While I was planning to write of ‘The Deluge’ today, I think that has to wait for another day. The why is related to a movie I watched this evening, ‘Harakiri: Death of a Samurai’. Admittedly, I think the English title is a bit of an overkill, but the movie itself was superb.
I will, however, begin with a bit of a backstory that I’ve dug up. It would seem that this film from 2011 is a remake of a 1962 version by Masaki Kobayashi. I read through the synopsis for that, and it seemed slightly different in details if not in the end result. I do believe I would like to see that as well. That, in turn, was adopted from a novel by Yasuhiko Takiguchi. I am quite sure the novel would also make for an interesting read.
What then was the thing to appreciate in this movie?
I think there is a particular slowness, elegance, and grace that is inherent in Japanese movies (assuming they have been done at least above average). In this specific instance, this elegance assumed the form of an older samurai saying what needed to be said. For some reason, I think that Yamamoto Tsunetomo would approve of the view the older samurai presented — that honour is relative and subjective.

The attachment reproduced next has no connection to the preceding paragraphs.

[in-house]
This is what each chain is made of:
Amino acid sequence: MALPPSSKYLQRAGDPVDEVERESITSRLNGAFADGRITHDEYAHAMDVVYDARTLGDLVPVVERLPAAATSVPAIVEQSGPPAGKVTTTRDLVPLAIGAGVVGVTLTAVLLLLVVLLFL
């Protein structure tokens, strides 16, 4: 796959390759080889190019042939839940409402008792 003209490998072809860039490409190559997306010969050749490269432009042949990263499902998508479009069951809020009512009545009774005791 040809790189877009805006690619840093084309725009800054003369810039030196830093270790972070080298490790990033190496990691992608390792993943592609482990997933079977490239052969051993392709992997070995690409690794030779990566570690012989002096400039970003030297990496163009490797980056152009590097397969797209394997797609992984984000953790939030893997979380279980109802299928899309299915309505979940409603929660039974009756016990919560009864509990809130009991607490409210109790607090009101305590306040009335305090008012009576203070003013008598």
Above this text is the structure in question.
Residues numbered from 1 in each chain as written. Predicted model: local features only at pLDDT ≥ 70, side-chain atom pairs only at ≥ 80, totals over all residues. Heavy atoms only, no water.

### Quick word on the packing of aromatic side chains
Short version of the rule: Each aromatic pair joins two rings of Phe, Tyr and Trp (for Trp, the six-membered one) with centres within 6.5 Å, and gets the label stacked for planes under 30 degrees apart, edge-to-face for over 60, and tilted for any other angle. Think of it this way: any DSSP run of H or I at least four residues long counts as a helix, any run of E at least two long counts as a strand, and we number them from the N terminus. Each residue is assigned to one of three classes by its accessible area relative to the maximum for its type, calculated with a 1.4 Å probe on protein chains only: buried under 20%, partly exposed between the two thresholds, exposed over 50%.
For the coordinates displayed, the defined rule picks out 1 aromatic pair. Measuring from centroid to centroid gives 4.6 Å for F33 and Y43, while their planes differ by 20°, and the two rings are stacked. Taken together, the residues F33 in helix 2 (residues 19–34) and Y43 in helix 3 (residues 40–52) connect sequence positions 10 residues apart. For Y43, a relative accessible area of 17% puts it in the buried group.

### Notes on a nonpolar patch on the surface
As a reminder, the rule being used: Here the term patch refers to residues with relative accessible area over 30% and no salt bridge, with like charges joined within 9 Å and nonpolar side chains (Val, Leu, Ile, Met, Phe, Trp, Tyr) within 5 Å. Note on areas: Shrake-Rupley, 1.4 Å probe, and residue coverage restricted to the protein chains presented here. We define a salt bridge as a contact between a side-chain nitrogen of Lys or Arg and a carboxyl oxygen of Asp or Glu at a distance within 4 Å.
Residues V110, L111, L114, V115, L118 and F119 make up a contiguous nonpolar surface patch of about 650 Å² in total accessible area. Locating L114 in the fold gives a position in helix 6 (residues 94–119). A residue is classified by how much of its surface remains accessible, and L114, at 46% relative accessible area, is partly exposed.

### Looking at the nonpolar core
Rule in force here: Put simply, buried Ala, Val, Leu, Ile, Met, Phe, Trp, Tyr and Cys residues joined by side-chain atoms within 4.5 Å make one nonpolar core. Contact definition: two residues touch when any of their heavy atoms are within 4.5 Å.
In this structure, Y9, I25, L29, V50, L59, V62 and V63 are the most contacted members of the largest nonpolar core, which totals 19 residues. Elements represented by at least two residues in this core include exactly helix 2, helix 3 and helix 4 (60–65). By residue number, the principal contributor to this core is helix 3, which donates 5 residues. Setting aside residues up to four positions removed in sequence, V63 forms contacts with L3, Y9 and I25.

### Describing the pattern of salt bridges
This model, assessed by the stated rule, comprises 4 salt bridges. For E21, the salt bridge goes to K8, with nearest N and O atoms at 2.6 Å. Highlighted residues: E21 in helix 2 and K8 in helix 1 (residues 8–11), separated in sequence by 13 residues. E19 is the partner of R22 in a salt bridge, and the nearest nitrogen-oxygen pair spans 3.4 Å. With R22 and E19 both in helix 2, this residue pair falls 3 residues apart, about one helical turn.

I do wonder why the movies have taken it against the Ii clan though. Is it because of the purges later to follow which did not distinguish between honour and dishonour? Only views mattered then, and a similar adherence to ideology could be seen very deeply entrenched in this Ii clan of 1637 as it would be in the 1850’s. I would think that is an important part of the symbology that could be explored further.
Likewise, what we see is a mockery of what the Tokugawa became — a ruling class impoverished by their obligations and yet unable to change. Who was in control? The bureaucracy more than anyone else. There was a lot hidden in this movie, but for all that I don’t think there are many people who could read into it as much without the necessary historical background. Maybe I am simply inventing things where they did not exist. Why was the Ii clan chosen?
The melancholy and elegance with which this story was presented made it even more beckoning. In a way, this same Japanese style of art I described above is the same as in ‘Meijin’. As good a book it is, it is only enhanced by the foreshadowing of how everything is going to end. In a way, this also happens in ‘Harakiri’ — it can only end in one way. But it is an end that emphasizes once more what we need to see in our days.